According to one version of history – with a hefty dose of folklore thrown in – the American Thanksgiving traces back to 1621 and the Pilgrims’ gratitude for a good harvest. However you regard the historical event, the modern Turkey Day, as it’s frequently known, can leave full-time working hosts dreading the beginning of the grocery- and gift-shopping season that it signals.
How to make Thanksgiving a little easier on all involved? Here are several suggestions we hope will help you spend more time in the family room with your guests and less in the kitchen (or at the local convenience store).
Plan ahead. Easier said than done, we all know, but if you start making lists on the fridge well in advance, the last week of November will go much more smoothly. So grab the magnets and notepads, and hang several lists: one for guests to invite, one for the menu for each meal you need to serve, one for non-perishable item to purchase now, one for last-minute fresh items, and one “miscellaneous” list for weird stuff that doesn’t fit anywhere else. Try to set aside 20 minutes some night to start the lists, then add to them each time you pass through the kitchen.
K.I.S.S. – Keep it super simple! What is it you want your guests to remember about Thanksgiving 2013 when they think of it five years hence? Is it the stuffing with 10 different fresh herbs, or is it the fun they had when Uncle Don started talking about Granddad’s being a bootlegger? Try one new recipe each holiday, if you must, but otherwise stick with the tried, true, traditional dishes. Your family will thank you for it!
Cook ahead whenever possible. Some holiday cooks have this down to a science, having adapted their favorite recipes to allow most, if not all, of the dish to be completed the day before. For instance, this recipe for Make-Ahead Holiday Potatoes that specifies making a day ahead is a favorite for several High Point Events families. If you can’t make the whole dish in advance, at least think about ingredients that could be measured and set aside, or vegetables that could be cleaned, covered with water and a lid, then held in the fridge overnight. Some appetizer recipes, like this High Point family favorite for Artichoke-Cheese Dip, are perfect to make the day ahead and put in the oven as the guests begin to arrive.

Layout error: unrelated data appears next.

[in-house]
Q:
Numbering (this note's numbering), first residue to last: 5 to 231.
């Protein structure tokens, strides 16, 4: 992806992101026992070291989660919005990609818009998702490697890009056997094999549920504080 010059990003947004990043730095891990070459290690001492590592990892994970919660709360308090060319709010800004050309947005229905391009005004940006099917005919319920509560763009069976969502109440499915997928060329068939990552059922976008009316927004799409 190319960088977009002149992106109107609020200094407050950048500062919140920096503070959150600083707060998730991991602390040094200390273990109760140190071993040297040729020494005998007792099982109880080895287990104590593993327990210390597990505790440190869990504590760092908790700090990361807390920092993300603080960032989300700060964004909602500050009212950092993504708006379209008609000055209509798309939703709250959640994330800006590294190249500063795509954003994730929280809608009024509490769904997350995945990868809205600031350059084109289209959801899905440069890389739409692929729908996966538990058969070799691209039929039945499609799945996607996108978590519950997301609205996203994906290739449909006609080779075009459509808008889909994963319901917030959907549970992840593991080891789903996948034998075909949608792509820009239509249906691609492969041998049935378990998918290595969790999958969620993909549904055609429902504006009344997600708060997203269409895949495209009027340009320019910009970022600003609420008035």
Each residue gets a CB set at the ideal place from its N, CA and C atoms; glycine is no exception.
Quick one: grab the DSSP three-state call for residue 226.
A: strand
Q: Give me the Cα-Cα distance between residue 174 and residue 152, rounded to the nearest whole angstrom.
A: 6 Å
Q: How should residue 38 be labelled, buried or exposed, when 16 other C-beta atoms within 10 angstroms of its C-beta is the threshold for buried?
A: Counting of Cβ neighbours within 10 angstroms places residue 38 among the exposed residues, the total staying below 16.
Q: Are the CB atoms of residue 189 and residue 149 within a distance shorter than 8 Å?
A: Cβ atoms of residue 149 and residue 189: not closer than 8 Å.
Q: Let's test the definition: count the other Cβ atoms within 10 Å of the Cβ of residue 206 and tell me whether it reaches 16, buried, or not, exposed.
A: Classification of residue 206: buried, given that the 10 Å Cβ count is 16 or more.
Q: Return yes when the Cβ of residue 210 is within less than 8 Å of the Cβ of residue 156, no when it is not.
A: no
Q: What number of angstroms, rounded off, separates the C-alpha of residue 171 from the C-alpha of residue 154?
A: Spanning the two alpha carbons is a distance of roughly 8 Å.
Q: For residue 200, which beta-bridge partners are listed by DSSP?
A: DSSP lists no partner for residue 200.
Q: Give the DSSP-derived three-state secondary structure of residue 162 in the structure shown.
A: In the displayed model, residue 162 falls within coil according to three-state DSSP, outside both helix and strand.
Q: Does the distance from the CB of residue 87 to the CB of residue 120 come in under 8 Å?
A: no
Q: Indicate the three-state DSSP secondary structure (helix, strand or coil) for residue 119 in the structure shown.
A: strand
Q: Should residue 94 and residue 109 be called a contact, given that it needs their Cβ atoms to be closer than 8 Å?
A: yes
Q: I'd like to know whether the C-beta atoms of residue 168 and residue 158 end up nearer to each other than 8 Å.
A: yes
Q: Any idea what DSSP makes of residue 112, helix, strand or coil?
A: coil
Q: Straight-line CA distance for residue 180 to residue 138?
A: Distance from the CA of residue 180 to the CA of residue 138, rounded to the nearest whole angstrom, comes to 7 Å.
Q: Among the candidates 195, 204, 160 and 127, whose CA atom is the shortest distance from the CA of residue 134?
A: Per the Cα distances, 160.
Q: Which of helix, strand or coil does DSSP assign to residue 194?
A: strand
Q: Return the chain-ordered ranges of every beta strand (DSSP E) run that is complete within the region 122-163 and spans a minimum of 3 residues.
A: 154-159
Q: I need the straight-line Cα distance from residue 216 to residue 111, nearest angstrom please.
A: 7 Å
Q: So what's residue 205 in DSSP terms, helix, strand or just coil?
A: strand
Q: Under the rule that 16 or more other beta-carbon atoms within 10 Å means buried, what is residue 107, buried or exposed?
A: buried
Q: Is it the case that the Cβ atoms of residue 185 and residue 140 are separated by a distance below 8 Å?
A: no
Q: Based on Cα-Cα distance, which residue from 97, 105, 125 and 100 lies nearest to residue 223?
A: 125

The ultimate Thanksgiving cook-ahead is, of course, the Bird itself. Doing so frees up your oven for other dishes and lets you get some of the worst of the clean-up done in advance. Plus there’s no waiting around on Thanksgiving day for that pesky white sticky-uppy thing to pop. Here’s how: Cook the bird the day or night before and carve. In a large disposable pan, layer the slices of white meat and dark meat separately, with the legs and wings on top. Spoon the essence of the cooking juices around the meat, cover tightly and refrigerate. Thanksgiving day, remove from the fridge an hour or two in advance to get the chill off. Keep the pan tightly covered and heat in a 350-degree oven for an hour.
So that’s it: three simple suggestions to make the holiday a real holiday, even for the cook! And if even these suggestions don’t offer sufficient relief from the holiday chaos, consider having High Point Events cater your holiday dinner – just the turkey or just the sides or the whole enchilada. Contact us today at 301.428.0650 or firstname.lastname@example.org.